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Give a detailed consideration of poems from World War 1, looking at poems by Wilfred Owen, Jessie Pope, Rupert Brooke and Siegfried Sassoon.

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Introduction

GCSE English Coursework World War 1 Poetry For this assignment I am going to give a detailed consideration of poems from World War 1. I will be looking at poems by Wilfred Owen, Jessie Pope, Rupert Brooke and Siegfried Sassoon. I intend to study the language, imagery and poetic techniques of the poems. I am going to begin with some of the earlier war poetry. These poems were written to encourage young men to join the army. They are patriotic, jingoistic and unrealistic. These were written by poets who had not yet experienced or seen the awfulness of war. I will begin with "Who's for game?" by Jessie Pope. This poem is full of questions which make it interact well with the reader. The poem starts off with "Who's for game, the biggest that's played,". This, just like the title, is an ego teaser. This means that the reader connects well with the poem and would be more encouraged to join the army because of it. It also compares war to a game. Throughout the poem the poet uses a comparison of a man joining the army and a man choosing not to. ...read more.

Middle

The poem begins with: "He sat in a wheeled chair, waiting for dark," "He" is the soldier and could be waiting for dark for a number of reasons. He may not want to be seen by anyone, the dark would hide his mutilated body and people wouldn't be able to judge him with a glance. He may be waiting for sleep, where he can no longer remember the war or the pain he is in, or, maybe he is bored and is waiting for the day to end. He can hear boys playing in the park having fun like her used to. The would be making him remember his past times as a boy, but, at the same time mocking him as he will never have that again. Before he joined the army he enjoyed drinking, having fun with his friends and relationships with women. He joined the army after a football game when he'd had a drink. Before the war, girls used to treat him with respect and as a potential partner, now they look at him in disgust: "All of them touch him like some queer disease" and pity. ...read more.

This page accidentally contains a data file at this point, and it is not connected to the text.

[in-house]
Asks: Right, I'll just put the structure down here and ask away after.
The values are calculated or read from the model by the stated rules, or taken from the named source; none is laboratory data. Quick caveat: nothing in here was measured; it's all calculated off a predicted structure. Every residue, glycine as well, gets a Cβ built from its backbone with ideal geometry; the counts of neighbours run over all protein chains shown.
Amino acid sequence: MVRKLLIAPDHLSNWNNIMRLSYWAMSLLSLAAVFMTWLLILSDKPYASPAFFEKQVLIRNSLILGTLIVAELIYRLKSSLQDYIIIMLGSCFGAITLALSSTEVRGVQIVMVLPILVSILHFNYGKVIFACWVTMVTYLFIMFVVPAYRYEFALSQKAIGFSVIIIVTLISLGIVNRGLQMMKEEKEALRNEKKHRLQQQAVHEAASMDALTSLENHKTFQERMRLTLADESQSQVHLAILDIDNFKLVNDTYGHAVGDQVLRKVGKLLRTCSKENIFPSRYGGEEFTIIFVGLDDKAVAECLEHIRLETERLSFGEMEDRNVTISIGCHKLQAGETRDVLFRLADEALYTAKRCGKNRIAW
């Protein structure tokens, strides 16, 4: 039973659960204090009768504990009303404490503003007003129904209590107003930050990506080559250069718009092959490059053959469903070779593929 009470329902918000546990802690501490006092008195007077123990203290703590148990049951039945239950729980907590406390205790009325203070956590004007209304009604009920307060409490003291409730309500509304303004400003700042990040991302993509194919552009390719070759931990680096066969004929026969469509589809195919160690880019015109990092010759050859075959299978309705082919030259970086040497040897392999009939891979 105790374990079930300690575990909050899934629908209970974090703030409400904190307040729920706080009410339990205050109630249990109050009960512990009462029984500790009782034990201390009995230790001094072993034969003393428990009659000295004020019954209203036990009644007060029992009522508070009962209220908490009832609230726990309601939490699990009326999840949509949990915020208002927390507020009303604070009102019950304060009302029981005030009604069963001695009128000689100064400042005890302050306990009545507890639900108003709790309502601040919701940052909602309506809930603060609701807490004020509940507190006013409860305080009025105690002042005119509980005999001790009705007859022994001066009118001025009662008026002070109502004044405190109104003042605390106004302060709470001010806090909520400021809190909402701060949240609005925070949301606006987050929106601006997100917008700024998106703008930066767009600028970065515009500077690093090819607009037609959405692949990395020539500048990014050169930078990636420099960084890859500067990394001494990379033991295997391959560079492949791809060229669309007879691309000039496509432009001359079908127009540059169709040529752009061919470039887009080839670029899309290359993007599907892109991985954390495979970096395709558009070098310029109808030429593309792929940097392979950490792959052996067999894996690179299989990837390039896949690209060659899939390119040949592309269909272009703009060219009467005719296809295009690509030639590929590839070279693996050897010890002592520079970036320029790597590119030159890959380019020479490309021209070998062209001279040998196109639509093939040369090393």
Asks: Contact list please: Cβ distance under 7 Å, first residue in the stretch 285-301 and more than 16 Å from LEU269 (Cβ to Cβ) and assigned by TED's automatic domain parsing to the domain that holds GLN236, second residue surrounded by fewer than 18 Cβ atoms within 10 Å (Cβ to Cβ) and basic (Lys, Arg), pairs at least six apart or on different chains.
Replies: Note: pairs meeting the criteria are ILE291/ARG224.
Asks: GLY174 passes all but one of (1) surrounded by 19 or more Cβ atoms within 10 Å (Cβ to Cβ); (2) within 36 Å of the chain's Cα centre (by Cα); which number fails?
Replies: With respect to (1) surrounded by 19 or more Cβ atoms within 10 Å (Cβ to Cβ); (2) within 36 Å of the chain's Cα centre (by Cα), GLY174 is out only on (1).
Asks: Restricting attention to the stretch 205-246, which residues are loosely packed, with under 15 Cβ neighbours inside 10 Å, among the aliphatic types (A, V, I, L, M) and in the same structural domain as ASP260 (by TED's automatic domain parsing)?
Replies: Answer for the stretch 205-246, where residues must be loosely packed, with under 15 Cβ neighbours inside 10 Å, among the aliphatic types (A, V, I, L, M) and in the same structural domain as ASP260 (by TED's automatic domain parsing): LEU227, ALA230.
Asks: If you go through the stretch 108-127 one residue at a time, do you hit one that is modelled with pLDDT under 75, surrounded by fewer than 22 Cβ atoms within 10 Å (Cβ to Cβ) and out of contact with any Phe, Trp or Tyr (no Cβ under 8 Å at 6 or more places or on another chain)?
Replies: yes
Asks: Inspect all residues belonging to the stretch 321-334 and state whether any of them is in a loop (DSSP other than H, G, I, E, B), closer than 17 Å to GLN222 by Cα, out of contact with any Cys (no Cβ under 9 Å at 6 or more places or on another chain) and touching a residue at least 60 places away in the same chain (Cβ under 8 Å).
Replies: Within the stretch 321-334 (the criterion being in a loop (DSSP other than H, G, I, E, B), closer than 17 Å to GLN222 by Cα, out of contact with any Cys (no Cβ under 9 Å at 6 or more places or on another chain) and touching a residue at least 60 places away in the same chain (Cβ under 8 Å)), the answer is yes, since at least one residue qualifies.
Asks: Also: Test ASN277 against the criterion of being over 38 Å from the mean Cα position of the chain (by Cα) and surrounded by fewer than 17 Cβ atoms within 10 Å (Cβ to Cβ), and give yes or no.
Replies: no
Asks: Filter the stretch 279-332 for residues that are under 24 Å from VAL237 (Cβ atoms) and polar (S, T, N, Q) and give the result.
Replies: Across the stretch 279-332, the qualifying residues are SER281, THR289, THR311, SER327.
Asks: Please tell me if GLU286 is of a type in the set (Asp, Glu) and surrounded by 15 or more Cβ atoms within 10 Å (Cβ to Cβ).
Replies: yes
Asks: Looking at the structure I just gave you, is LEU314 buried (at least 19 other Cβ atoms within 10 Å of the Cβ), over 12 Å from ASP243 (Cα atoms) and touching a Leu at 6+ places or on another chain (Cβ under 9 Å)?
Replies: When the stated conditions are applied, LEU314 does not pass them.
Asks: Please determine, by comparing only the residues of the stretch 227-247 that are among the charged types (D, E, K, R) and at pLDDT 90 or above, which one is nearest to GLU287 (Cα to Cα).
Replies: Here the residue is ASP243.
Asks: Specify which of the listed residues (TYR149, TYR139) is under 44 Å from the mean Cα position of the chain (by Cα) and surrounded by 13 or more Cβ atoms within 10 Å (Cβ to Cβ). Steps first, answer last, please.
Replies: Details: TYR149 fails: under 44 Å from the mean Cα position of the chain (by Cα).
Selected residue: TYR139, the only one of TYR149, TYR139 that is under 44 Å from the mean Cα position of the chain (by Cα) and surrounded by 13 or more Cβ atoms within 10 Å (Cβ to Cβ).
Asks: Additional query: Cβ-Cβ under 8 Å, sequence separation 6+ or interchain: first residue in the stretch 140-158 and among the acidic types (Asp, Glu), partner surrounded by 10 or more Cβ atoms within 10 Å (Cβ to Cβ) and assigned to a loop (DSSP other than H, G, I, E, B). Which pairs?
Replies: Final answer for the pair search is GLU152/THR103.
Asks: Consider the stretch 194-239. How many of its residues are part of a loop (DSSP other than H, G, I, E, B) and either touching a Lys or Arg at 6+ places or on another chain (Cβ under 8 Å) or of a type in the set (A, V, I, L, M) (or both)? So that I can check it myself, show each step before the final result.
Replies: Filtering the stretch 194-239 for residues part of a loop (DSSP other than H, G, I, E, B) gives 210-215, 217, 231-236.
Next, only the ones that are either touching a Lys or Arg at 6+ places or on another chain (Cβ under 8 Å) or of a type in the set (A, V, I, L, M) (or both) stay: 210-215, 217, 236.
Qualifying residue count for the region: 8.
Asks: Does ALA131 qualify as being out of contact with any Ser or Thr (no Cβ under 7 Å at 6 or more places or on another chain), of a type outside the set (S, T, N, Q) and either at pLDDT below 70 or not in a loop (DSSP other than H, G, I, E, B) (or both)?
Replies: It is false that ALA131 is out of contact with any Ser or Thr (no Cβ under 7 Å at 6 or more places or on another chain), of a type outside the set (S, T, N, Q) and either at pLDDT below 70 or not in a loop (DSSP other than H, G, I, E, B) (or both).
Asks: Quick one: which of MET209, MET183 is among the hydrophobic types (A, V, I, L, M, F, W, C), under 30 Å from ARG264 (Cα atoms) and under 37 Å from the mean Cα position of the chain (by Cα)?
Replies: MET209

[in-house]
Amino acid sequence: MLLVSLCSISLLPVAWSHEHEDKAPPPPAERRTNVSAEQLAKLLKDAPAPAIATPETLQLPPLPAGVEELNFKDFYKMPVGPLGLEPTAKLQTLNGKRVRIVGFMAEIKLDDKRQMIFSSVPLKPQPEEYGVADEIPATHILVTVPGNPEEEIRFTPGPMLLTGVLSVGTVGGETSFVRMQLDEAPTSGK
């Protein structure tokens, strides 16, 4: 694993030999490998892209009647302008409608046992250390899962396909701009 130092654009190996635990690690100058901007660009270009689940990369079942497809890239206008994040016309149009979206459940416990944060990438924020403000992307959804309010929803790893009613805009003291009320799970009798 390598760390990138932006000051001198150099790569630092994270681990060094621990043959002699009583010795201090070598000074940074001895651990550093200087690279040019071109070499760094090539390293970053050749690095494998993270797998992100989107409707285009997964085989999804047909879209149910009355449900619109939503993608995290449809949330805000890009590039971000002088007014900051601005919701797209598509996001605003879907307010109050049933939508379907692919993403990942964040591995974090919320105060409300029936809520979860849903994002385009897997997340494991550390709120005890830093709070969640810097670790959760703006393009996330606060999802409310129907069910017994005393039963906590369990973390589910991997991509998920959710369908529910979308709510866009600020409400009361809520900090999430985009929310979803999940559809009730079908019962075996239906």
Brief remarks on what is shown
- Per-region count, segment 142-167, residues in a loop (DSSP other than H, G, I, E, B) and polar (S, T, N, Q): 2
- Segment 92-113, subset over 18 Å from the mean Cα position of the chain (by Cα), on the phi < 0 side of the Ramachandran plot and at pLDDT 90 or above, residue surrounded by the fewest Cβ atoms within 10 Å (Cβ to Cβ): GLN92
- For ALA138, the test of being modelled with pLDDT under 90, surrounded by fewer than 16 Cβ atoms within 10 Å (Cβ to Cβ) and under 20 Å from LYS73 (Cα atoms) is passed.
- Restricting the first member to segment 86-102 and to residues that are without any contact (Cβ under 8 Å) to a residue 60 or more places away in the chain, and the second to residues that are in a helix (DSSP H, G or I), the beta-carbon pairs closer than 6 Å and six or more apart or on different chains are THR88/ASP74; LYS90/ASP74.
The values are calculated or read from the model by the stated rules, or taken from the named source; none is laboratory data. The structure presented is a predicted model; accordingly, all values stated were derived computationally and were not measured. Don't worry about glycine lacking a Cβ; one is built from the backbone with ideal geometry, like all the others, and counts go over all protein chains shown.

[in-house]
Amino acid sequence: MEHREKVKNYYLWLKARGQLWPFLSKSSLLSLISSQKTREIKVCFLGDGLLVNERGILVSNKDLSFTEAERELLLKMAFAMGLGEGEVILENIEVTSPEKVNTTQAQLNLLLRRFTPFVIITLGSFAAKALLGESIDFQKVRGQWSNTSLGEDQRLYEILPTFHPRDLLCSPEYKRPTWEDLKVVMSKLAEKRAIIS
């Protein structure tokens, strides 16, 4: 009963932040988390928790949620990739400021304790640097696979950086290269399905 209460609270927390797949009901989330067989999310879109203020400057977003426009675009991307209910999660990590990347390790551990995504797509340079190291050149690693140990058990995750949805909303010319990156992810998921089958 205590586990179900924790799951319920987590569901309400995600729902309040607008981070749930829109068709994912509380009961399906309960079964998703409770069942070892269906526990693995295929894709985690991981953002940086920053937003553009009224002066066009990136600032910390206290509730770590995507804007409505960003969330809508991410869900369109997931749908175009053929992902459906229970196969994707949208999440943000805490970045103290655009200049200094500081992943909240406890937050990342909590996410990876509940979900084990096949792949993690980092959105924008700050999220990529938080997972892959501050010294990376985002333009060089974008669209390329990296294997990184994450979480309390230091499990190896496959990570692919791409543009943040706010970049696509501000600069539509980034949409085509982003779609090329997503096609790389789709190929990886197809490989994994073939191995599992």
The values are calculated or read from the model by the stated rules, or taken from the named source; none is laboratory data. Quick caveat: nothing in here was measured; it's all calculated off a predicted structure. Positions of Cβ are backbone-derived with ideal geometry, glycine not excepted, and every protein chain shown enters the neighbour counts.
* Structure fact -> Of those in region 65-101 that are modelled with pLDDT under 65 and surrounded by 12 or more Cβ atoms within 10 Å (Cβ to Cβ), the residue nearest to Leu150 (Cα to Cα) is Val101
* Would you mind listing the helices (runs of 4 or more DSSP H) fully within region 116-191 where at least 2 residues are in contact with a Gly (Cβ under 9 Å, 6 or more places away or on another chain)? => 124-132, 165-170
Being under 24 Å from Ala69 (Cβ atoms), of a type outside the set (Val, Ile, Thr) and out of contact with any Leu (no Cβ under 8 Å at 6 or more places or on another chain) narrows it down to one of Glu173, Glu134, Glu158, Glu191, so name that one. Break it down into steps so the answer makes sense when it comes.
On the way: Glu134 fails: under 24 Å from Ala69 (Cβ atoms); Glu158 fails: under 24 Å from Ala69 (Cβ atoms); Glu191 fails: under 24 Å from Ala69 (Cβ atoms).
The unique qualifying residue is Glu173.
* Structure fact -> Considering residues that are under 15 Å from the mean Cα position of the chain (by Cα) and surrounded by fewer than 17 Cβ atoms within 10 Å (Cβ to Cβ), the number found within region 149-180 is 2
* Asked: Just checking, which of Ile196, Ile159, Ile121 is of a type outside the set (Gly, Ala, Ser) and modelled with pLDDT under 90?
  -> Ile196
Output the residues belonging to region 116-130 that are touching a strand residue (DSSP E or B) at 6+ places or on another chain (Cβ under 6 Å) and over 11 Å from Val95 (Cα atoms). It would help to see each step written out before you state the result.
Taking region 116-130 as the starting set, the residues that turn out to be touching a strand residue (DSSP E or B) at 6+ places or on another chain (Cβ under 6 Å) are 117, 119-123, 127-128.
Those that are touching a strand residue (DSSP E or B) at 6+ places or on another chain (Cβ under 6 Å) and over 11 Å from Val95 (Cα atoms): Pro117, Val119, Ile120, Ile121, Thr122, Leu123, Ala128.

Conclusion

Ultimately the poem is stressing how easily those who have not fought in the war forget about the psychological damage that war can cause, which, at the time was known as "Shell Shock". The poem starts with: "Does it matter? - losing your legs? . . ." Here Sassoon uses extreme sarcasm and irony to bring his point across. There is also alliteration "Losing your Legs" In the first line of each verse the injury gets worse. In verse 2: "Does it matter? - loosing your sight? . . . In verse 3: "Do they matter? - those dreams from the pit? . . . Sassoon believes this to be the worst injury from war, going insane. In this poem Sassoon shows how he detests people who are patriotic and jingoistic towards the war. He understands from first hand experience how war can affect an individual and he is trying to help other people understand that. I think Sassoon wrote this poem because of the uncaring society that did not consider the personal effects of war on an individual soldier. The older war poetry was about thinking of our country, which encourage patriotism and people signing up for the army. Sassoon's poems consider individuals and shows what life is like for them. Peter Gilani Page 1 5/7/2007 ...read more.

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